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'Hearing impairment is an invisible disability - this can lead to assumptions by people, even those who know us well'

Ailís Ní Ríain’s work for the Dublin Fringe Festival has been inspired by her own experiences of communication and the difficulties we can encounter with it.

Ailís Ní Ríain

HEARING IMPAIRMENT IS an invisible disability. This can lead to huge assumptions by people around us and often even those who know us well.

I am hearing impaired – I wear hearing aids and lip-read. I also have hyperacusis, which is a reduced tolerance and increased sensitivity to everyday sounds. I will often wear ear plugs as it helps reduce the anxiety associated with the condition.

Deafness and sensory challenges come in many different guises.

‘Anne checked into the hotel room and hasn’t been seen since’

As a classical composer and writer, I explore these ideas in my new show for this year’s Dublin Fringe Festival. The show is set in a hotel room where elements of what we have come to expect in theatre – in terms of communicating narrative – are gone.

What is communication? How does it work? What if what we communicate is interpreted as something else?

These are important questions in any domain – like theatre – where we are sealed off from the outside world and information is exchanged. Words are used, usually spoken in a language we understand; but we don’t often go to the theatre performed in a language we don’t understand.

My show I Used to Feel is set in a hotel room – a real hotel room in The Marker Hotel in Dublin. Life goes on around us as the show gently unfurls.

We meet ‘Anne’, who checked into the hotel three days ago and has not been seen by staff since.

I Used to Feel - photo by Ailís Ní Ríain Source: Ailís Ní Ríain

The piece wrestles with the very nature of how we communicate, what gets ‘lost’ and what is never fully ‘understood’; it invites the audience to observe and interpret the unique situation in which we find ourselves.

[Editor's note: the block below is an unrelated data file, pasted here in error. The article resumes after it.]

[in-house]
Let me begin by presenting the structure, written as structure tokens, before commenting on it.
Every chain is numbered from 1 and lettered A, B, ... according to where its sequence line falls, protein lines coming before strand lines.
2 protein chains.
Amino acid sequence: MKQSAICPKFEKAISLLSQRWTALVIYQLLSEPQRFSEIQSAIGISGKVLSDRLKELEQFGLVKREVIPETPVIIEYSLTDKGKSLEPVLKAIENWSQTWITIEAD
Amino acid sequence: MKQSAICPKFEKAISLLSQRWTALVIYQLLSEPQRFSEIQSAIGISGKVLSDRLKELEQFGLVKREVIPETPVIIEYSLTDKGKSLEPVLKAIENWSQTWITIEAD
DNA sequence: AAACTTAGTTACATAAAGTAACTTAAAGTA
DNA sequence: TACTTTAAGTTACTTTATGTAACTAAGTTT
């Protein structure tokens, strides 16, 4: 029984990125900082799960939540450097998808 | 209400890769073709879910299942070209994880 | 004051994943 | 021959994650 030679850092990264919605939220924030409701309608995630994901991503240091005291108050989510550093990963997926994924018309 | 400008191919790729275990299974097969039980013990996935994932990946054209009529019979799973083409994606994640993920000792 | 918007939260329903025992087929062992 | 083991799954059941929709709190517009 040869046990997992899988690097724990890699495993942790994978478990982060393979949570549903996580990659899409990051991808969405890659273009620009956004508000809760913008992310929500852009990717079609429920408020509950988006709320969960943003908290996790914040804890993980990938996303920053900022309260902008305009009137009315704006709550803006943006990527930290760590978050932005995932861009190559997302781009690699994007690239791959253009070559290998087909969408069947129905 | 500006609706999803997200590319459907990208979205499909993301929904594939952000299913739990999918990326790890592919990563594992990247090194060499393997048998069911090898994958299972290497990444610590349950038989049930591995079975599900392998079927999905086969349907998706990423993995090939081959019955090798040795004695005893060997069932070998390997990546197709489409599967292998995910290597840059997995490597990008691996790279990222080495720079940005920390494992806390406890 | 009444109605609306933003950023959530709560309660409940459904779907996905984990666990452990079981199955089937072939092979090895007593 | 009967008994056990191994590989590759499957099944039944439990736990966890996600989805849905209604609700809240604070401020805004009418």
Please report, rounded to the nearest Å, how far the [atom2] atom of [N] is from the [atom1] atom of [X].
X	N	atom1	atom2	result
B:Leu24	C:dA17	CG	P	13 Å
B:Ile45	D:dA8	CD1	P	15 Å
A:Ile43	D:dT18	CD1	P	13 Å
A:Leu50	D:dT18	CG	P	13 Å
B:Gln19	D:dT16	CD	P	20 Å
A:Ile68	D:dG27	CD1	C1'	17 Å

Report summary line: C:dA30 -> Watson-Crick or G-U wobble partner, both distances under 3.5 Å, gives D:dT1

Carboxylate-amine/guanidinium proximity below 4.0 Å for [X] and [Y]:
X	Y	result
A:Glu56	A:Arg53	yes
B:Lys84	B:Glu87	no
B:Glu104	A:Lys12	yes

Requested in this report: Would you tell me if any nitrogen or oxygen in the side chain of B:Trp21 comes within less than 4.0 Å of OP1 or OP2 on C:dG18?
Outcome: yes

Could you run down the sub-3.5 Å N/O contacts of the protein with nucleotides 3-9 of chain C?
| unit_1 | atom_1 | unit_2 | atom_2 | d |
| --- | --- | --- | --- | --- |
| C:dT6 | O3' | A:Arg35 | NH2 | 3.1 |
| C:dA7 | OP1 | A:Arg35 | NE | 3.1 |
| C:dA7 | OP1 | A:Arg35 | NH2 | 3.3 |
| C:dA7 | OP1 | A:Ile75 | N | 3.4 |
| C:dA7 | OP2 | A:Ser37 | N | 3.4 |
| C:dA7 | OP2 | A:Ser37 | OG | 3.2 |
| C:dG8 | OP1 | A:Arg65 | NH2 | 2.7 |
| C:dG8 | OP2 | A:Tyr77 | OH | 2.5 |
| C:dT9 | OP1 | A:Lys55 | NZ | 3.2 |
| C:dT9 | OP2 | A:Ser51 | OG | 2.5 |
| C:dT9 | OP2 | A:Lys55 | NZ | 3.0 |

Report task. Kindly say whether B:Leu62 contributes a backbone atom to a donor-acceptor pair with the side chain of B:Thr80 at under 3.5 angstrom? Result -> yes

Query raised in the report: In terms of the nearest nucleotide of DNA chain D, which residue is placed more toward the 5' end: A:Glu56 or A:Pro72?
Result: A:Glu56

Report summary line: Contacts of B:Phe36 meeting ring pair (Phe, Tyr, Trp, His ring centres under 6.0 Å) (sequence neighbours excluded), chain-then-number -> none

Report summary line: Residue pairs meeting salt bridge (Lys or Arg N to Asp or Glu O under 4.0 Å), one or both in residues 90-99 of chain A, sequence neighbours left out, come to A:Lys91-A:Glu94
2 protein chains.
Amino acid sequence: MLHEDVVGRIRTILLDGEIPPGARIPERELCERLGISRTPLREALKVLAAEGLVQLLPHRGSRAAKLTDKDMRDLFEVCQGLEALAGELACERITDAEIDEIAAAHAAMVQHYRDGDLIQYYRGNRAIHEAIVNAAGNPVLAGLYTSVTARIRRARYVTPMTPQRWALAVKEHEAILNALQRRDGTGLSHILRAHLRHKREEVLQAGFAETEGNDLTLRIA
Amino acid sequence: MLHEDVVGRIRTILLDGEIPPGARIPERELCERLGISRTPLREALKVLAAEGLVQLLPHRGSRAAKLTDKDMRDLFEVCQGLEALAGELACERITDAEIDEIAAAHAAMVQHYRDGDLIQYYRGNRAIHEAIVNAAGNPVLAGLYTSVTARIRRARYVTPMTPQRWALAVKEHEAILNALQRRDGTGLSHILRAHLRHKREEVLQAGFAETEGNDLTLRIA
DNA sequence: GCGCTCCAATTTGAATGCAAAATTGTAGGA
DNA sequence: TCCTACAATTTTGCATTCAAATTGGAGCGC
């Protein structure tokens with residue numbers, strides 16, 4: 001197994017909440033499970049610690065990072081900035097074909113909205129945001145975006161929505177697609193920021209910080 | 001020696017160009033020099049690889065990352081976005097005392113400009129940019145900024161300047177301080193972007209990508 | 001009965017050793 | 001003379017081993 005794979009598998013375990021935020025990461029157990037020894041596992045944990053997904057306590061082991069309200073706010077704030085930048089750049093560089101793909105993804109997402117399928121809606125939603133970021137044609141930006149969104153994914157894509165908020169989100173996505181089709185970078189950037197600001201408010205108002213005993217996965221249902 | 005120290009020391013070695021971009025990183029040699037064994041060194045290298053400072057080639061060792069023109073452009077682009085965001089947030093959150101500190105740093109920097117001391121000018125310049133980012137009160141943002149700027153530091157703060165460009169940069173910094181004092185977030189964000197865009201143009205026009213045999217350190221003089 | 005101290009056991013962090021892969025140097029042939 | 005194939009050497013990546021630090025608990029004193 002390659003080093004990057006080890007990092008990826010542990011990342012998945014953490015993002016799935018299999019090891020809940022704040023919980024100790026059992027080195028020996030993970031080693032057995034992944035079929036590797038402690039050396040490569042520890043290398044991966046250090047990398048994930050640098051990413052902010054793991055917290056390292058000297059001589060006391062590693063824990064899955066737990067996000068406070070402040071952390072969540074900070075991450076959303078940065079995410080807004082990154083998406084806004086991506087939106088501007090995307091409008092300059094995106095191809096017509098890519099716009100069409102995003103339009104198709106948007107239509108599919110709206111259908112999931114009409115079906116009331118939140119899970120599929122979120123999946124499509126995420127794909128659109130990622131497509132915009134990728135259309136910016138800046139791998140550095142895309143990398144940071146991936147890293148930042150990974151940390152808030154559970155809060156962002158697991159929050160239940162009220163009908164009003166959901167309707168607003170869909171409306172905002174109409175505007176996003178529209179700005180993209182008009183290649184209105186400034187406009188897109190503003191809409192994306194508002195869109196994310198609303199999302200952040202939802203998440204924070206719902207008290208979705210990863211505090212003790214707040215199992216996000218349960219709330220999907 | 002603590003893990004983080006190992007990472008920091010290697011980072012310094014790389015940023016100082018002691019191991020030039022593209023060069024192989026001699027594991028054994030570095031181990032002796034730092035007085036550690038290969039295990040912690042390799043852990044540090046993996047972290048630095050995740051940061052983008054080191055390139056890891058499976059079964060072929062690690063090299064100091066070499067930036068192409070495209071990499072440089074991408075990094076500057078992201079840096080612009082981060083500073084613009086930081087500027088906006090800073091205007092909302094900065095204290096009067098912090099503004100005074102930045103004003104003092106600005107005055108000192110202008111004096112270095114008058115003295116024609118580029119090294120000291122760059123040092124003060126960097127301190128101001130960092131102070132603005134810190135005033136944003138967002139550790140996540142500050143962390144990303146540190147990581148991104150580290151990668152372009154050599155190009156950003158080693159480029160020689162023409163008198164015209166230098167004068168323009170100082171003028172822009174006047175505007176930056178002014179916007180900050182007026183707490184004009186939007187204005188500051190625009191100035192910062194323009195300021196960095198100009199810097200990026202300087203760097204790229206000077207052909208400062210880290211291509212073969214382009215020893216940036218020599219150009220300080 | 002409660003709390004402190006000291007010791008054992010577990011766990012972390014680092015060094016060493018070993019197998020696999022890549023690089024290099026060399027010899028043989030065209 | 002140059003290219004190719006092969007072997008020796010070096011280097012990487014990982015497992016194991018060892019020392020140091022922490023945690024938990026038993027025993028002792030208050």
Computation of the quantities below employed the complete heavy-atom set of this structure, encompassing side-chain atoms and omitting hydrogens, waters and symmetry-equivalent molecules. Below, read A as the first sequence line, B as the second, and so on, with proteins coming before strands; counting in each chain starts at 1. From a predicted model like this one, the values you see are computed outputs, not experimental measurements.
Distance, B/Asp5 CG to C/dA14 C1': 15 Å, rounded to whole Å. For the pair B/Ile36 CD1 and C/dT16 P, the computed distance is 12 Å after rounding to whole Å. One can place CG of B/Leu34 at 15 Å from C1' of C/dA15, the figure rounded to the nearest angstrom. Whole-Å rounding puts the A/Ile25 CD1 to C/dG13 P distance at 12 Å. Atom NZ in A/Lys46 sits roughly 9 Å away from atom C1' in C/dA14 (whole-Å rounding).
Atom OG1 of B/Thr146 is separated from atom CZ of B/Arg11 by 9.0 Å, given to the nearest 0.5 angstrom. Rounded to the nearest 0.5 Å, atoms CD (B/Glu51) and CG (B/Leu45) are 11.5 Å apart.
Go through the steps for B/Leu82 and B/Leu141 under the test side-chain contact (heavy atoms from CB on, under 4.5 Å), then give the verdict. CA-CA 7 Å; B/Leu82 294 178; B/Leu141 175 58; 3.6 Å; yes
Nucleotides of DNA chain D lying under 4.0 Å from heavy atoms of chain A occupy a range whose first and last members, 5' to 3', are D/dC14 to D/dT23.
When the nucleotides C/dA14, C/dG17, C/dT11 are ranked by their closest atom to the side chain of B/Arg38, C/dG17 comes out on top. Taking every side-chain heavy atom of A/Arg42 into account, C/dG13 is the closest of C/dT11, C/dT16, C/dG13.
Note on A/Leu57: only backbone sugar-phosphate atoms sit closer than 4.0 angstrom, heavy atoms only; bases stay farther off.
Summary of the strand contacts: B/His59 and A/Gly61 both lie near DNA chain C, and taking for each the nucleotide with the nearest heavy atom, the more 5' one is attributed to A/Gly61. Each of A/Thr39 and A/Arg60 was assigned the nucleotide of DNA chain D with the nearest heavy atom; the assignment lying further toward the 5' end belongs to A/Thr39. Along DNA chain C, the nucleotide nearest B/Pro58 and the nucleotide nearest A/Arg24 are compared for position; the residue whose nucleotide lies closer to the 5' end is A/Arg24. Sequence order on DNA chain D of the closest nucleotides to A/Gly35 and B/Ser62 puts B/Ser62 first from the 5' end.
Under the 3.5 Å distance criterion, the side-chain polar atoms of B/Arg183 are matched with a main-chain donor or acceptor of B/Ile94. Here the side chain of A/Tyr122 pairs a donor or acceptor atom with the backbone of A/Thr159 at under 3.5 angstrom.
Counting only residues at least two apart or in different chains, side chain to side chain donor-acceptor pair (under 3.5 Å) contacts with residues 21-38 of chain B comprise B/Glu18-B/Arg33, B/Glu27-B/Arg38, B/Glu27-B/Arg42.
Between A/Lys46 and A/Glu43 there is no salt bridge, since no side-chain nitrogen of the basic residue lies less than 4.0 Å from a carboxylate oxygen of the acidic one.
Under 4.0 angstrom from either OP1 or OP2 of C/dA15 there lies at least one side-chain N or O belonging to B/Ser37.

Is there room for misinterpretation? Yes, absolutely. Can we misjudge communication, maybe even become hostile to someone whose language we don’t understand? Yes, I believe we can and do.

The fundamental question for me – working with the actor Alvean Jones and musician, Kate Romano – is, how much do our judgements, biases and expectations play in our interpretation of such a situation and how hard should an audience have to work to understand something?

A matter of interpretation

Communication, and sometimes language itself, can only ever be an approximation, as two people will very rarely, if ever, have the exact same understanding of what is being communicated.

This means that communication in theatre, as everywhere else, is a process, a live exchange or interpretation. We  interpret what is being shown or shared. 

What happens when the situation, the sound or the language itself is not what we expect, or familiar with? Or, in the case of I Used to Feel, what if the narrative is only what you think it is?

I Used to Feel is written for two performers – both tell the story, neither use the conventions we have come to expect, and in some cases, demand of theatre. We use a combination of languages, including sign, music, movement and situation to tell the story which is, among other things, about the challenge of communication in today’s world.

What happens when we play with the components of theatre? When our aural experience is not what we expect? Does communication ever really break down or do we just give up when the signifiers no longer operate on our terms?

For me, these questions are fascinating and make me, as an artist with my own issues around communication, work harder and more daringly when considering how we communicate story in theatre.

Ailís Ní Ríain is a classical composer and writer from Cork. Her production I Used to Feel is part of this year’s Dublin Fringe Festival. Supported by Arts and Disability Ireland.

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Ailís Ní Ríain

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